Gun safety advocates call for tougher Minnesota laws, though political action seems unlikely – WCCO

ST. PAUL, Minnesota (WCCO) – Gun safety advocates returned to the Capitol in person Wednesday for the first time since the pandemic began two years ago to urge the Minnesota Legislature to expand background checks for all gun sales. firearms and to endorse “red flag” laws.

But this year’s outcome will likely be similar to previous years: proposals will stagnate.

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“There’s a lot going on in the world, we certainly recognize that,” said Molly Leutz, state manager for Moms Demand Action, an advocacy group founded in the aftermath of the Sandy Hook shooting. “It’s time to stop putting people who are dying on the backburner. It’s frustrating.”

There have been no hearings on the legislation so far this year, as a deadline approaches next week. Two years ago, the DFL-controlled Minnesota House approved both a background check bill and a gun control measure that would allow courts to issue a temporary order removing firearms of a person likely to harm others or themselves – a “red flag law”. ”

Shared control of the capital between Republicans and Democrats complicates the outlook, though gun rights advocates haven’t seen their bills move either.

Rob Doar, senior vice president of the Minnesota Gun Owners Caucus, said he wants a bill to pass that clarifies Minnesota’s self-defense laws, such as “hold your ground” laws. states have approved elsewhere.

“That’s what’s kind of confusing and frustrating for us is that the GOP message from the Senate has been very strong on public safety and, you know, stopping crime, and this bill will well with that purpose and that narrative,” Doar said of the lack of legislative action.

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Members of Moms Demand Action on the steps of the State Capitol (Credit: CBS)

Inaction on gun legislation, whatever it is, can be embroiled in election-year politics, said David Schultz, professor of political science at Hamline University. Every seat in the legislature is up for grabs and the balance of power is at stake.

“In a very strange way, both sides could adopt a risk-averse strategy,” he said. “Every vote that someone takes who is running for re-election – they are looking over their shoulder in terms of how that vote might affect their electoral prospects.”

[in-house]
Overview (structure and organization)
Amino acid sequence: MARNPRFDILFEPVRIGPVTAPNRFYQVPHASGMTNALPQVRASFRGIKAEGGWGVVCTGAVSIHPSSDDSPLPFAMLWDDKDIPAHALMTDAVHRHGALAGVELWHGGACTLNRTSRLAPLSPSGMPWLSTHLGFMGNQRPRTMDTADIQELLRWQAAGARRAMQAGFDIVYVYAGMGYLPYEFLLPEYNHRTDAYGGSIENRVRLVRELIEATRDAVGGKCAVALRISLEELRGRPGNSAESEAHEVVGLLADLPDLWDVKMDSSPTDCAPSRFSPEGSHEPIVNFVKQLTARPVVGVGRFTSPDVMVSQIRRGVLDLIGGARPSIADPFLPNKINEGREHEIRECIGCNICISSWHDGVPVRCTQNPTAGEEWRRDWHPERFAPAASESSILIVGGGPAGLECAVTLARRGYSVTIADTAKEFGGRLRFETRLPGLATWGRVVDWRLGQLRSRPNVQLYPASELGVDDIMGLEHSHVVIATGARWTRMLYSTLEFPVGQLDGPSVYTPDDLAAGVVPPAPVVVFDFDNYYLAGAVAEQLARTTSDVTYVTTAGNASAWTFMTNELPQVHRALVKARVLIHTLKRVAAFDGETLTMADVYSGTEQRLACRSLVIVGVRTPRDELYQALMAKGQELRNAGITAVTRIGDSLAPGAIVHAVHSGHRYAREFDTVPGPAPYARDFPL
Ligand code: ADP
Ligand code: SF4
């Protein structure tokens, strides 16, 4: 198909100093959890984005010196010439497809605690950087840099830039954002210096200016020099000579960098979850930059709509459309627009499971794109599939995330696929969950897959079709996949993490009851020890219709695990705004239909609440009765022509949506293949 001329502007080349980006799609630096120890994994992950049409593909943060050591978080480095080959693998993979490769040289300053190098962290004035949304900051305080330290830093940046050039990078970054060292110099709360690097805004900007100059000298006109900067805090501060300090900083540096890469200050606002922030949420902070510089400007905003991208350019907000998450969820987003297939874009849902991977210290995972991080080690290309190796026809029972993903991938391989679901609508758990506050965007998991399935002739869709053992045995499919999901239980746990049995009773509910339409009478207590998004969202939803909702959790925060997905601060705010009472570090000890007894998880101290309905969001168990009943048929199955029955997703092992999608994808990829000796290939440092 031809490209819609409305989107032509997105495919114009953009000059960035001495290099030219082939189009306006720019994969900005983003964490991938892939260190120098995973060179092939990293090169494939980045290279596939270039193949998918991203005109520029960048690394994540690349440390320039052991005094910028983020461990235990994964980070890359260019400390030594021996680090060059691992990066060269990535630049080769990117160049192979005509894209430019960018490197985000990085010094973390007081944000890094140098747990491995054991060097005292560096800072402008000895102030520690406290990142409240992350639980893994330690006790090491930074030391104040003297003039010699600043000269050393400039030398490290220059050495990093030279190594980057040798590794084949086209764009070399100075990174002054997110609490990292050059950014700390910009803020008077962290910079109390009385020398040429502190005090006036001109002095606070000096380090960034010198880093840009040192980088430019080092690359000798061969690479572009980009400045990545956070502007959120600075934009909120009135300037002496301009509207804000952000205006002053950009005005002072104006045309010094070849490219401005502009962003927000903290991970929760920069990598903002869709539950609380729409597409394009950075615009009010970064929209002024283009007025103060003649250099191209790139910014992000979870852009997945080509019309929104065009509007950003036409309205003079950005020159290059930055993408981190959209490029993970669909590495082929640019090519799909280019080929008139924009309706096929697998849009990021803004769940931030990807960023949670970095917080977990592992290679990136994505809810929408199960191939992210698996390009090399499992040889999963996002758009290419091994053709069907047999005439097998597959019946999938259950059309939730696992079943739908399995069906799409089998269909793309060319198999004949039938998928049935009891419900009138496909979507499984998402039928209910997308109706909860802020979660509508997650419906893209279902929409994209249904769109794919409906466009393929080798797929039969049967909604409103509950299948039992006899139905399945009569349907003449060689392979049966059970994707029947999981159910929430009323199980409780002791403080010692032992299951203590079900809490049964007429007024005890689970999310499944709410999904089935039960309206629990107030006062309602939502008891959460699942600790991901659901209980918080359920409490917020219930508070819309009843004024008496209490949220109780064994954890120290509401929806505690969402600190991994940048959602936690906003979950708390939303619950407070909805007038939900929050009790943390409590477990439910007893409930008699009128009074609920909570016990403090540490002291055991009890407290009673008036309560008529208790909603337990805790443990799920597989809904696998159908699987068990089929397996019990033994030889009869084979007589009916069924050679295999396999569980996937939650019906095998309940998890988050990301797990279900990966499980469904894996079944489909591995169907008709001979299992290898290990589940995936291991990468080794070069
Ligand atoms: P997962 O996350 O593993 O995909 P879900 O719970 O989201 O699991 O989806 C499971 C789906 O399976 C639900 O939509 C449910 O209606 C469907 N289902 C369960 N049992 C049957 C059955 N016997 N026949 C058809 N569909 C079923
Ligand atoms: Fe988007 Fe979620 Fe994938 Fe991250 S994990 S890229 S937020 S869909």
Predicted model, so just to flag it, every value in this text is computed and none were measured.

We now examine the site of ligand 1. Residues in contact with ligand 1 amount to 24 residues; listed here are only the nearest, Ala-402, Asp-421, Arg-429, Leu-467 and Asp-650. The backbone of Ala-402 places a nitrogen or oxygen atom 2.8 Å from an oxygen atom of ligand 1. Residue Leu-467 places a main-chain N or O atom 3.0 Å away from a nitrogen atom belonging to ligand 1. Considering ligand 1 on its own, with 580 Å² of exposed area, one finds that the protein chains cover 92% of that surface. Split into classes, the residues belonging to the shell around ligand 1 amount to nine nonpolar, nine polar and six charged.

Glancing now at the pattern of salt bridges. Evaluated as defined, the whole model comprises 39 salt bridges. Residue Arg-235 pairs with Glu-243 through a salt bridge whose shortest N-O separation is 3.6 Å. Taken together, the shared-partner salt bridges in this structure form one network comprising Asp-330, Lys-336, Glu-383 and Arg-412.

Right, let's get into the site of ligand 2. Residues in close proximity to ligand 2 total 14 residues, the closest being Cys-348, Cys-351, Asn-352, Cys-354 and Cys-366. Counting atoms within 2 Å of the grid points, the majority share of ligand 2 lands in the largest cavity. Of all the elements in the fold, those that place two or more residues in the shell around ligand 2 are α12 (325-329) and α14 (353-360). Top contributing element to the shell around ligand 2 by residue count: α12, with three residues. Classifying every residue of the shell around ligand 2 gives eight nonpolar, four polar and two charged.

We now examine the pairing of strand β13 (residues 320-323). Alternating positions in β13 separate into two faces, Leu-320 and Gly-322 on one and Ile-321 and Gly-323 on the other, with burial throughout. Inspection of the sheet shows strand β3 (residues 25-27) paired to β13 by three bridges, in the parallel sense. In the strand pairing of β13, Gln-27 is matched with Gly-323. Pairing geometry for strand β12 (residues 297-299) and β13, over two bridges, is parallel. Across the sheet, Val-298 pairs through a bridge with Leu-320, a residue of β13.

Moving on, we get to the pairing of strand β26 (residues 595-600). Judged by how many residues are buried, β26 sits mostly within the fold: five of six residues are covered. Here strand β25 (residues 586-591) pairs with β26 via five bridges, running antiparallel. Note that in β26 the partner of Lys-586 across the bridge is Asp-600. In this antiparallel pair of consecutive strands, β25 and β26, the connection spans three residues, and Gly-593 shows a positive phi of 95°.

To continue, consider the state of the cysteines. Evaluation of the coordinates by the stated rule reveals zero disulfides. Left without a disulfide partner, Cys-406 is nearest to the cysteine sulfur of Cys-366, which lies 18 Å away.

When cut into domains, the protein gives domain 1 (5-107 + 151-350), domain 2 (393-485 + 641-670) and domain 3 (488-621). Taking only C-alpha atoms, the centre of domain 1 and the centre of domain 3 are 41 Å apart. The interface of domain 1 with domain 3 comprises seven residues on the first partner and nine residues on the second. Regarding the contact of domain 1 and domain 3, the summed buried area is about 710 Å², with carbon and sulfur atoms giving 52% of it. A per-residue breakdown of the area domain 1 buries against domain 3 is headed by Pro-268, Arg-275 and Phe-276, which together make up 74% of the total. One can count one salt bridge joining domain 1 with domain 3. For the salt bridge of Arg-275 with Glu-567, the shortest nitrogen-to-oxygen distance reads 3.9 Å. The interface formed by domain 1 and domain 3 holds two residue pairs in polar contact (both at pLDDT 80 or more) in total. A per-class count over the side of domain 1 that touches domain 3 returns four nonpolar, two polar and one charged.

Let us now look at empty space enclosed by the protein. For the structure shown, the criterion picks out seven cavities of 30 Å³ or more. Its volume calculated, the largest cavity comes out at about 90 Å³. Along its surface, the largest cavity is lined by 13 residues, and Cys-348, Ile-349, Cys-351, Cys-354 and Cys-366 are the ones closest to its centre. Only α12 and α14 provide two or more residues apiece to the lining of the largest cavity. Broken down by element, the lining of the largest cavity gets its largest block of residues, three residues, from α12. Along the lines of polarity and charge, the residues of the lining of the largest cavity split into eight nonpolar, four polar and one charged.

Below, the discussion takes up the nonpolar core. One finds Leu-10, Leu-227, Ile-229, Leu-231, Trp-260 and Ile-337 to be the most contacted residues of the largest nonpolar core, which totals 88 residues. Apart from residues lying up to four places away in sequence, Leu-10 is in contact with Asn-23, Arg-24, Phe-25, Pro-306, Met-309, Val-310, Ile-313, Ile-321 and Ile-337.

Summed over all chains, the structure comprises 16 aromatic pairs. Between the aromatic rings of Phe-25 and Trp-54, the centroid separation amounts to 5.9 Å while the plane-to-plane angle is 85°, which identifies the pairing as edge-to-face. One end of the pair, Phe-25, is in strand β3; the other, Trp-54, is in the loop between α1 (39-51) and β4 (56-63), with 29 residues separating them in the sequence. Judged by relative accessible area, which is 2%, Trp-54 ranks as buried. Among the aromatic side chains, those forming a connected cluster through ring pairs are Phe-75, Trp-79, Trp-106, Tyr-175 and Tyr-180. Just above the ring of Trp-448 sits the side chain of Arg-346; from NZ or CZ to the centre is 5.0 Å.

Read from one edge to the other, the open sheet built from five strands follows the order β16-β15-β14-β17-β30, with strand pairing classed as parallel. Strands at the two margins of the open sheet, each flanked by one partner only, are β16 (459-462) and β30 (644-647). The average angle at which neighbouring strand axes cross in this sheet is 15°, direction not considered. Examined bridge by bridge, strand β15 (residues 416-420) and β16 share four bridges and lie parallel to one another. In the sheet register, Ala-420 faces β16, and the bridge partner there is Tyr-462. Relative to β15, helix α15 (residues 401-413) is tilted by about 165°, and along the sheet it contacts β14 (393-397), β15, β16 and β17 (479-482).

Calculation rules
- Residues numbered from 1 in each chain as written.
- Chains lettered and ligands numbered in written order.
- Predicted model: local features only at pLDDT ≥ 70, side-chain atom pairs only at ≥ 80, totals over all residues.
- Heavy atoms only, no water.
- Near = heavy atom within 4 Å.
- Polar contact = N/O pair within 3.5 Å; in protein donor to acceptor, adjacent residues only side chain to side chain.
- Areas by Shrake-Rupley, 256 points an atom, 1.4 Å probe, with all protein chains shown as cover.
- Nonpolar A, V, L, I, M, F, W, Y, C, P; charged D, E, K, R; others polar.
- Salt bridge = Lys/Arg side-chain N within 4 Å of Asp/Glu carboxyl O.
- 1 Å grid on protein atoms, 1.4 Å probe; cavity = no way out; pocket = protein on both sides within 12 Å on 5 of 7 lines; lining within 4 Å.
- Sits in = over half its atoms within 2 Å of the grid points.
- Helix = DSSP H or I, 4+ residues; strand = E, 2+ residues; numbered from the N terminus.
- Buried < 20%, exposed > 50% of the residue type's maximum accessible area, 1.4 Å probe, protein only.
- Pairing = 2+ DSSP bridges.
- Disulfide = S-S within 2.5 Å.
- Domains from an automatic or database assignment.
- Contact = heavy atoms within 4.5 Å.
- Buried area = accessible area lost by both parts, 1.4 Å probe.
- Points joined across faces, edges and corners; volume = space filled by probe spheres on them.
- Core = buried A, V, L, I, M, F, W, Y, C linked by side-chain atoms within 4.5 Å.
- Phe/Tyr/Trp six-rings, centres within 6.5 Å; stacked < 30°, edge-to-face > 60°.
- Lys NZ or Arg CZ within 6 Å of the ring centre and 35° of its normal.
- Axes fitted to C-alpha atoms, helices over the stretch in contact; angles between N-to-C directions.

Redistricting this year changed Minnesota’s political boundaries, including those of legislative districts. Schultz pointed to different segments of the electorate — those who live in the suburbs compared to Greater Minnesota, for example — who may have different and strong opinions about guns.

“I think what worries a lot of legislators this year is: are there particular types of votes or questions that, if they were to hold a hearing on this, if they were to vote at about it, how it would hurt them in terms of their party,” he said.

But elections aside, Republicans and Democrats have divisions over gun policy. At a forum with Gov. Tim Walz and legislative leaders in early February — just a day after a shooting outside a Richfield high school — Walz said he would “welcome the conversation and certainly sign legislation.” with provisions that “have been shown to reduce gun violence.” He said he supports the red flag laws.

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Shortly after, Senate Majority Leader Jeremy Miller, R-Winona, closed the door on that effort in the Senate: “I think it’s highly unlikely that gun control measures will be passed by the Senate this year.

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